The euro hits my Fibonacci target - where to now?

After the euro rallied to his Fibonacci target, John C Burford looks to the charts to see where the market thinks the single currency is heading next.

Before I cover the euro, here are a few recent article titles on gold that I spotted:

The Argument For Cheaper Gold Protect Yourself From Gold How Low Can Gold Go?

These bearish articles would not have seen the light of day until very recently. It just goes to show the severe shift in sentiment from manic bullishness to deep bearishness that has overcome the market as it plunged to the $1,320 low last week.

Subscribe to MoneyWeek

Subscribe to MoneyWeek today and get your first six magazine issues absolutely FREE

Get 6 issues free

Sign up to Money Morning

Don't miss the latest investment and personal finances news, market analysis, plus money-saving tips with our free twice-daily newsletter

Don't miss the latest investment and personal finances news, market analysis, plus money-saving tips with our free twice-daily newsletter

Sign up

As a trader, you can use this information to your advantage. This is part of your sentiment-gathering work in addition to looking at the commitments of traders data and elsewhere that I strongly advise you to do as part of your market analysis.

This sentiment switch helped me to identify a major low last week, and if we see many more such articles, my fanciful' upside target above $1,500 that I suggested last week may not be so crazy.

OK, back to the euro. When I last covered it on 15 April, I was looking for an A-B-Crally off the 4 April low. This is the picture this morning:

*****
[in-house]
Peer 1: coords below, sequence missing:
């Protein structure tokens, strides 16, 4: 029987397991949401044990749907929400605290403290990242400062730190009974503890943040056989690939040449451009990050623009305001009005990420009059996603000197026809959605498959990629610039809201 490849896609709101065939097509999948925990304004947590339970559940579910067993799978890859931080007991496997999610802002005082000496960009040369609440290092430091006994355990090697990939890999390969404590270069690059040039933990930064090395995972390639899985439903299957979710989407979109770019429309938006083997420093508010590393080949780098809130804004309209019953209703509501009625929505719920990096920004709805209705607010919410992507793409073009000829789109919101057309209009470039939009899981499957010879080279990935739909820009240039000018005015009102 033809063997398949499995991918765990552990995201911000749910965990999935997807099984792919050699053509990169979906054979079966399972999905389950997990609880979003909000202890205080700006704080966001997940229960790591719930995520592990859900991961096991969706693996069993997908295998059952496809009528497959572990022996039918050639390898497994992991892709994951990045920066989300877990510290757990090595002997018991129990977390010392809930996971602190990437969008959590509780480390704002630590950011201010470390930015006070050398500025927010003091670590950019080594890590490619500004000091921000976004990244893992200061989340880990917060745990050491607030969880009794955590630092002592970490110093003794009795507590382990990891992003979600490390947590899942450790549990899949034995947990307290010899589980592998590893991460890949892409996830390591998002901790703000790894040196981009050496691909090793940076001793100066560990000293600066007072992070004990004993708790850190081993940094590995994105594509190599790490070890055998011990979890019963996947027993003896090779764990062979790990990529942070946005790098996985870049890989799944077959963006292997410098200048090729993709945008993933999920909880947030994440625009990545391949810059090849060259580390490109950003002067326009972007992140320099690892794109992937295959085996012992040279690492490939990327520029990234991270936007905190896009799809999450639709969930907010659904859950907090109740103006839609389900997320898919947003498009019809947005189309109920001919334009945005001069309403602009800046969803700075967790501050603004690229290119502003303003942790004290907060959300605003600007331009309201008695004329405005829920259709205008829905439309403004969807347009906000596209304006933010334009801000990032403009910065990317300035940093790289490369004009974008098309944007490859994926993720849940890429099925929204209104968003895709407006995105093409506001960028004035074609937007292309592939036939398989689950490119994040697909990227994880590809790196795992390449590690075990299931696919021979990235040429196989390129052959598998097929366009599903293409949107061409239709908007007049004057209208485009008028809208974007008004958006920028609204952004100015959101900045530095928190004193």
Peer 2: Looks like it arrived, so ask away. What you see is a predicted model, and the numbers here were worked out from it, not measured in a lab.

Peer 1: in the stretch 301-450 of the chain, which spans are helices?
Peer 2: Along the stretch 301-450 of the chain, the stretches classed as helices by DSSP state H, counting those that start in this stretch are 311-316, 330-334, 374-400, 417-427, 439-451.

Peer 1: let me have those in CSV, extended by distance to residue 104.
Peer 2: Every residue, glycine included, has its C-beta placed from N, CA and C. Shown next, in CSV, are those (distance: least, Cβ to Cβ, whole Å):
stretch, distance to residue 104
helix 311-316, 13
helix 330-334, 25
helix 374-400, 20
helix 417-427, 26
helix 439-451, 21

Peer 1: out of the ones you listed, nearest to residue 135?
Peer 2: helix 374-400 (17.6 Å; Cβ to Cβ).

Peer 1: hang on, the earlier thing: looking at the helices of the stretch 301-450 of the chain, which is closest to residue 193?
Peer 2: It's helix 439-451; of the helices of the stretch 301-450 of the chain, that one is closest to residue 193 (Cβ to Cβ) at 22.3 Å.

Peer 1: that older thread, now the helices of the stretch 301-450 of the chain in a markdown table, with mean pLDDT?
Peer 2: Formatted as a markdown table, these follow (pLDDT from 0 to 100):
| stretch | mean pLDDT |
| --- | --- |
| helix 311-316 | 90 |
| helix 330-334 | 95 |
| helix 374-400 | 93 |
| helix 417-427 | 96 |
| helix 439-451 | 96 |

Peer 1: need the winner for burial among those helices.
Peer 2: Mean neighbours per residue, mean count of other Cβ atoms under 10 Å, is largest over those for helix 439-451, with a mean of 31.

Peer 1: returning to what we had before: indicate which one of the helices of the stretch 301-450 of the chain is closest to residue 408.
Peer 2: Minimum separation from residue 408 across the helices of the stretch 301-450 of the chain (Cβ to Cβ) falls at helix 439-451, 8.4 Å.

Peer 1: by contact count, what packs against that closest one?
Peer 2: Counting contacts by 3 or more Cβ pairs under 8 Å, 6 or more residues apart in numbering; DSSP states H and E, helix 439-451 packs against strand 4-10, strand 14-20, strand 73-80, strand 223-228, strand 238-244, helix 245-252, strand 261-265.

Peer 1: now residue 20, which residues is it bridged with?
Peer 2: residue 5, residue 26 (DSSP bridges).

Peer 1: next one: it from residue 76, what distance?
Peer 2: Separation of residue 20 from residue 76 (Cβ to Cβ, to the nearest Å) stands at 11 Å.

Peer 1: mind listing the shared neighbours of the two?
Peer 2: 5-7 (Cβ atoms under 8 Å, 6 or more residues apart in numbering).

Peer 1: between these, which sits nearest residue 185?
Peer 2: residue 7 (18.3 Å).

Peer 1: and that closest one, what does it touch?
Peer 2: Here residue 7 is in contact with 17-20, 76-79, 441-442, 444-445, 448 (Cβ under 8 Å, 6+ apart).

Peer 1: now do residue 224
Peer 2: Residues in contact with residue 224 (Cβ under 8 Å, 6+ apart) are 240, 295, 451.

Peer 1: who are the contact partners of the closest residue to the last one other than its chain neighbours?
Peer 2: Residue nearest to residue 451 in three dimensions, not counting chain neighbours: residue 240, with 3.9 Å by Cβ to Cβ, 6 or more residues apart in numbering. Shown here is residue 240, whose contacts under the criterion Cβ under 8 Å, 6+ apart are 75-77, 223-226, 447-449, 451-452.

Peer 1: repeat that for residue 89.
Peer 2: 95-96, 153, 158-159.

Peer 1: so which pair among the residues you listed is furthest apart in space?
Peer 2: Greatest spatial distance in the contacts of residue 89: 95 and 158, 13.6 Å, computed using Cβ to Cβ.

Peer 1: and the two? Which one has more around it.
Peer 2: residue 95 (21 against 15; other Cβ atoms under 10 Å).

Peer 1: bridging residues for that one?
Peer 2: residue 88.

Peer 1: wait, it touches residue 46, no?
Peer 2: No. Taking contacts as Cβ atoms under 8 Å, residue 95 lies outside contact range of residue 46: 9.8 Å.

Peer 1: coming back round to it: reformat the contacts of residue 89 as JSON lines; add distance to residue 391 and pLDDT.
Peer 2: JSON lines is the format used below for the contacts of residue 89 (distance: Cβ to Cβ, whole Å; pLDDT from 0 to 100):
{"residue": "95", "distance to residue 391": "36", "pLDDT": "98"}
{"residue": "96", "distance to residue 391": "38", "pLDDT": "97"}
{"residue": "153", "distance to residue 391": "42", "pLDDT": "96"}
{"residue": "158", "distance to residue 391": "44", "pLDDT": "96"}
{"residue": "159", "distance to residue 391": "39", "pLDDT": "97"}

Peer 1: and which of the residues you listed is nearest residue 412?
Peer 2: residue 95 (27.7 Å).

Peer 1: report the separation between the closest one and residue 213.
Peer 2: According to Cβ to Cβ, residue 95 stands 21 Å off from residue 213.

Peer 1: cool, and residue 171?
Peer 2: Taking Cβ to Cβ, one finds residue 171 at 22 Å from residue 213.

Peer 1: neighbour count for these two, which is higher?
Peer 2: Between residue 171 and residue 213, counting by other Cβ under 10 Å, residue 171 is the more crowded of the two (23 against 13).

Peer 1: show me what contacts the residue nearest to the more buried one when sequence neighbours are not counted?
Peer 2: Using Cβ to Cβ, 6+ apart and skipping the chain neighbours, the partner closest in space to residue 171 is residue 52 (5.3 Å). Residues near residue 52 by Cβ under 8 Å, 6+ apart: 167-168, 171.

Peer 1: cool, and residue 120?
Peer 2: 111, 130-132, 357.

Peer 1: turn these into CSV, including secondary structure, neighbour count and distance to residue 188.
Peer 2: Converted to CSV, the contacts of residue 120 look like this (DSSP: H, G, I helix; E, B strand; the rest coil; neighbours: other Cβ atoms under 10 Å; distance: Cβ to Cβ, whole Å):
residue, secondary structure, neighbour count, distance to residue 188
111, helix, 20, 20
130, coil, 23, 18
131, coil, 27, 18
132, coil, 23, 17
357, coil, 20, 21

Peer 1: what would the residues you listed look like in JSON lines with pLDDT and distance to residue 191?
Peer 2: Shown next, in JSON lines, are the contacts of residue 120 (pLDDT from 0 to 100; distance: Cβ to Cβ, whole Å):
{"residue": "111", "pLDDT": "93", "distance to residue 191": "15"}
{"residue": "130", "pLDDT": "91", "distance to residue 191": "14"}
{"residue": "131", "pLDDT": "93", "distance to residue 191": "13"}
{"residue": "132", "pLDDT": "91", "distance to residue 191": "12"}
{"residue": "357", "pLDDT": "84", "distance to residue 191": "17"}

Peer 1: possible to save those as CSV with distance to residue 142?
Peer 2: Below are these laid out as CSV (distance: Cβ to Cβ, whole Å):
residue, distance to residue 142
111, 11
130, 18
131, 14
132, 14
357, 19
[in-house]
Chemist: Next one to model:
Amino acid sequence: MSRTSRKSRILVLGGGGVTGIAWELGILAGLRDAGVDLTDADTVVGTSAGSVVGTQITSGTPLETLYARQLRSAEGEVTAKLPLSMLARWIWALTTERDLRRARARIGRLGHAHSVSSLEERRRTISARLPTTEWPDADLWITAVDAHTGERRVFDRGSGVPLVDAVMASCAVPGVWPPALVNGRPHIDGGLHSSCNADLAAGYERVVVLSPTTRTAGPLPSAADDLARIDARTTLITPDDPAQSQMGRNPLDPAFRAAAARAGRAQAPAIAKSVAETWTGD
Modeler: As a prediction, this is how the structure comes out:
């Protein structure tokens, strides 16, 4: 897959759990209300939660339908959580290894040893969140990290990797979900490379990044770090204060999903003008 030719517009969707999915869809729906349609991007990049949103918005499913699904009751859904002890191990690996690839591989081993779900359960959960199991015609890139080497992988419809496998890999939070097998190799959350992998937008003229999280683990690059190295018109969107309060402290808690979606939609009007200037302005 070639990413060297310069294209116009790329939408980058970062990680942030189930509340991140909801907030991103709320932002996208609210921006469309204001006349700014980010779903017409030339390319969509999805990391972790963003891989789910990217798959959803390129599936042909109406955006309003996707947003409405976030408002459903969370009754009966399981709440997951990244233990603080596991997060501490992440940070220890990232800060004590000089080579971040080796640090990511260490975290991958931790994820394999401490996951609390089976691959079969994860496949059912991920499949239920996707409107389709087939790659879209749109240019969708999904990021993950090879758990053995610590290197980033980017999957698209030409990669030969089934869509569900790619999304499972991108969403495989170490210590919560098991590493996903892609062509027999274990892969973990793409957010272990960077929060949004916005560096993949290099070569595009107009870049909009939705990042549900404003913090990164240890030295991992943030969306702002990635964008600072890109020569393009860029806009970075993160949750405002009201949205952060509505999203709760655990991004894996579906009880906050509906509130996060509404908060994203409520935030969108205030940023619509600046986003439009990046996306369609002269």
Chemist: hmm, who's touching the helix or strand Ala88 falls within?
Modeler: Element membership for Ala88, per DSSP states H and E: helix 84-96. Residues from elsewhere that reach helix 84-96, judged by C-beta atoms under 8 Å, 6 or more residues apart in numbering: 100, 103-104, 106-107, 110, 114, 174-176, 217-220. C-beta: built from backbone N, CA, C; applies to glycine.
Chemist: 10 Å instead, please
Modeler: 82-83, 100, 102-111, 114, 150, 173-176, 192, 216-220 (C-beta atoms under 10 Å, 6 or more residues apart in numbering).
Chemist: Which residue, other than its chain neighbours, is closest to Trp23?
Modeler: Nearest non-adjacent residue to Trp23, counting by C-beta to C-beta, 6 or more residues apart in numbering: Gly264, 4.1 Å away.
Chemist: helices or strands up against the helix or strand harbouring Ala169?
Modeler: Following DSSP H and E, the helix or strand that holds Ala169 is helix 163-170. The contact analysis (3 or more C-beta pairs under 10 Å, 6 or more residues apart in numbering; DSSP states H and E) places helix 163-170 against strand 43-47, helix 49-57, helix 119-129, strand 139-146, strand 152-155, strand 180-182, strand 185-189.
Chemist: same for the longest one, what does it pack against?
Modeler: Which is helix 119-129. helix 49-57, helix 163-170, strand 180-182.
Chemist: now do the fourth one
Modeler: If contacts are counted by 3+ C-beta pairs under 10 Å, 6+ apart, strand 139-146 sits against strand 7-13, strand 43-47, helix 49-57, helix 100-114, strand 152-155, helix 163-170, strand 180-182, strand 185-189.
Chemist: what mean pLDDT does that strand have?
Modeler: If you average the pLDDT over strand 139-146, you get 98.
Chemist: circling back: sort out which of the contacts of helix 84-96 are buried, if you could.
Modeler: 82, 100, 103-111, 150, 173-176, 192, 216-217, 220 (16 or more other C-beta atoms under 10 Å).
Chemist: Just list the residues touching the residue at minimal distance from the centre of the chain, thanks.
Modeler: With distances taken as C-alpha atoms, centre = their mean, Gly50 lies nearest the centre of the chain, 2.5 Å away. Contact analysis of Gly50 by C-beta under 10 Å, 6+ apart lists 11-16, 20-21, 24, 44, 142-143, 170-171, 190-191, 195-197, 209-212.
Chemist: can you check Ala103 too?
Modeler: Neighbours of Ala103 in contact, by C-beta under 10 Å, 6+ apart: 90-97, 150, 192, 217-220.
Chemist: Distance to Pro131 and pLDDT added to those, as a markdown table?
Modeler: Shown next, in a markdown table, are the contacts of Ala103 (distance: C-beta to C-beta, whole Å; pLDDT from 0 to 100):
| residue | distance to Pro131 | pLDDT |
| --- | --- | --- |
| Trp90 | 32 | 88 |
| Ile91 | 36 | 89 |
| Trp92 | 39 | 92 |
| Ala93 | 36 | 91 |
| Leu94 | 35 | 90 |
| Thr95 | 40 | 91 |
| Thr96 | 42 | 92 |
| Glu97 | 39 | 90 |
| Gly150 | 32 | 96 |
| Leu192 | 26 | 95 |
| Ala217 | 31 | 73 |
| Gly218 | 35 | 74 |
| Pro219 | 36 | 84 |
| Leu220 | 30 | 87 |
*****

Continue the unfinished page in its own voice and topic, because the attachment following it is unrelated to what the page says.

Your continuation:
(Click on the chart to see a larger version)

Although not picture-perfect, the rally has an A-B-C form (green bars) with the C wave top above the A wave top.

I have drawn in the Fibonacci retrace levels using the first rally high after the 1.37 top (red arrow).

This brings up an interesting point when choosing which pivot points to use when applying your Fibonacci tool on retracements.

Trader tip: I have found that after a relatively long move, such as we saw in February and March, it is good to look at the Fibonacci levels when drawn from either the top, or the next major top after that main top is in place.

Rally retraces can turn at either of these levels.

Two nasty head fakes

Also, last time, I had the 1.3050 region as support:


(Click on the chart to see a larger version)

And I said that if this support could be broken, that would strengthen the case for a resumption of the down move.

But the market played one of its many tricks the support was broken, but the market recovered and went on to the 1.32 top. It then declined past the 1.3050 level and gave one more head fake:


(Click on the chart to see a larger version)

Naturally, if short positions were taken on these support breaks, you would be in a losing trade and you may be stopped out, depending on your stop position.

These are the trials and tribulations of trading. But by using a strict money management rule, such as my 3% rule, you will not suffer unduly.

And if stopped out, you have the option of getting back in if conditions warrant it. Just keep updating your charts with tramlines and Fibonacci levels and you may be presented with another trade.

And so it has proved.